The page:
... if the command supports multiple arguments, and you are not interested in catching individual failures.

read builtin

Use the bash read builtin whenever possible to avoid forking external commands

Example

fqdn='computer1.daveeddy.com'

IFS=. read -r hostname domain tld <<< "$fqdn"
echo "$hostname is in $domain.$tld"
# => "computer1 is in daveeddy.com"

External Commands

GNU userland tools

The whole world doesn't run on GNU or on Linux; avoid GNU specific options when forking external commands like awk, sed, grep, etc. to be as portable as possible.

When writing bash and using all the powerful tools and builtins bash gives you, you'll find it rare that you need to fork external commands.

UUOC

Don't use cat(1) when you don't need it. If programs support reading from stdin, pass the data in using bash redirection.

# wrong
cat file | grep foo

# right
grep foo < file

# also right
grep foo file

Prefer using a command line tools builtin method of reading a file instead of passing in stdin. This is where we make the inference that, if a program says it can read a file passed by name, it's probably more performant to do that.

Style

Quoting

Use double quotes for strings that require variable expansion or command substitution interpolation, and single quotes for all others.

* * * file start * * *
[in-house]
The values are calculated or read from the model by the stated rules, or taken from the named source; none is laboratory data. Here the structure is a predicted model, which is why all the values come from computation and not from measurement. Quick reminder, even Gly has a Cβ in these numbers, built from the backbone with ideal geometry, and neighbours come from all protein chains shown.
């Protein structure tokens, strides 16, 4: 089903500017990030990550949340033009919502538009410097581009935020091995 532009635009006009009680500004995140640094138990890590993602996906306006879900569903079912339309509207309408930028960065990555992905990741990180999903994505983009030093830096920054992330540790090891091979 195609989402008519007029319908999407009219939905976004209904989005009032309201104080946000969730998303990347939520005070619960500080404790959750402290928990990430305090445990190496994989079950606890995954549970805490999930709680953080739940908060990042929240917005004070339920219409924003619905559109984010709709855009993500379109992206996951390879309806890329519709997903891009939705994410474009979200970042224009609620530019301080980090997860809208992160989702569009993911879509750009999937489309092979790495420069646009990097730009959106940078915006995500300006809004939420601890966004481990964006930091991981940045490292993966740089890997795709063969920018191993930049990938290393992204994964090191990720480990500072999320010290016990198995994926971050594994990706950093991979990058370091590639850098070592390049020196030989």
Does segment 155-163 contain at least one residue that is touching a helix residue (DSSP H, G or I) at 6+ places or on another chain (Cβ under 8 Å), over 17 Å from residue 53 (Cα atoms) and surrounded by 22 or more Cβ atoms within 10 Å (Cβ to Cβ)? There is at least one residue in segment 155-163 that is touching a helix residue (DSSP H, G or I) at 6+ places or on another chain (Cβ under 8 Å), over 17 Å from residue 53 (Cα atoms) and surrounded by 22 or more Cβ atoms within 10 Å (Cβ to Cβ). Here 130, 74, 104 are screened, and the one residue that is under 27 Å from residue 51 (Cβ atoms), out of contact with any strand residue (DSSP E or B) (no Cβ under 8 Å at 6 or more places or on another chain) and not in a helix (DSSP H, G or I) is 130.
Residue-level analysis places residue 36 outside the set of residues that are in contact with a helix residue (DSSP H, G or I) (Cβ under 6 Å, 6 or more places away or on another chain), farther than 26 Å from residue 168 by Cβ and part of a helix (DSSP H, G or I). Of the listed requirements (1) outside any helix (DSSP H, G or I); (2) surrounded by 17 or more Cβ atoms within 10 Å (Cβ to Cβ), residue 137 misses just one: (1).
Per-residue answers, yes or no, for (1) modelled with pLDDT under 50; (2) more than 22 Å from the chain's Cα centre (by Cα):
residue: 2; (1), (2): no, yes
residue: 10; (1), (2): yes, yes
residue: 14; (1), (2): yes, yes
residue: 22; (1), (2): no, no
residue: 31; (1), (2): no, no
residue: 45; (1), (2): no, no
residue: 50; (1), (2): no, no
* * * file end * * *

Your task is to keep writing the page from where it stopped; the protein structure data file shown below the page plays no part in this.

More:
# right
foo='Hello World'
bar="You are $USER"

# wrong
foo="hello world"

# possibly wrong, depending on intent
bar='You are $USER'

All variables that will undergo word-splitting must be quoted (1). If no splitting will happen, the variable may remain unquoted.

foo='hello world'

if [[ -n $foo ]]; then   # no quotes needed:
                         # [[ ... ]] won't word-split variable expansions

    echo "$foo"          # quotes needed
fi

bar=$foo  # no quotes needed - variable assignment doesn't word-split
  1. The only exception to this rule is if the code or bash controls the variable for the duration of its lifetime. For instance, basher has code like:
printf_date_supported=false
if printf '%()T' &>/dev/null; then
    printf_date_supported=true
fi

if $printf_date_supported; then
    ...
fi

Even though $printf_date_supported undergoes word-splitting in the if statement in that example, quotes are not used because the contents of that variable are controlled explicitly and not taken from a user or command.

Also, variables like $$, $?, $#, etc. don't required quotes because they will never contain spaces, tabs, or newlines.

When in doubt however, quote all expansions.

Variable Declaration

Avoid uppercase variable names unless there's a good reason to use them. Don't use let or readonly to create variables. declare should only be used for associative arrays. local should always be used in functions.

# wrong
declare -i foo=5
let foo++
readonly bar='something'
FOOBAR=baz

# right
i=5
((i++))
bar='something'
foobar=baz

shebang

Bash is not always located at /bin/bash, so use this line:

#!/usr/bin/env bash

Unless you have a reason to use something else.

Error Checking

cd, for example, doesn't always work. Make sure to check for any possible errors for cd (or commands like it) and exit or break if they are present.

# wrong
cd /some/path # this could fail
rm file       # if cd fails where am I? what am I deleting?

# right
cd /some/path || exit
rm file

set -e

Don't set errexit. Like in C, sometimes you want an error, or you expect something to fail, and that doesn't necessarily mean you want the program to exit.

http://mywiki.wooledge.org/BashFAQ/105

eval

Never.

Extra

License

MIT License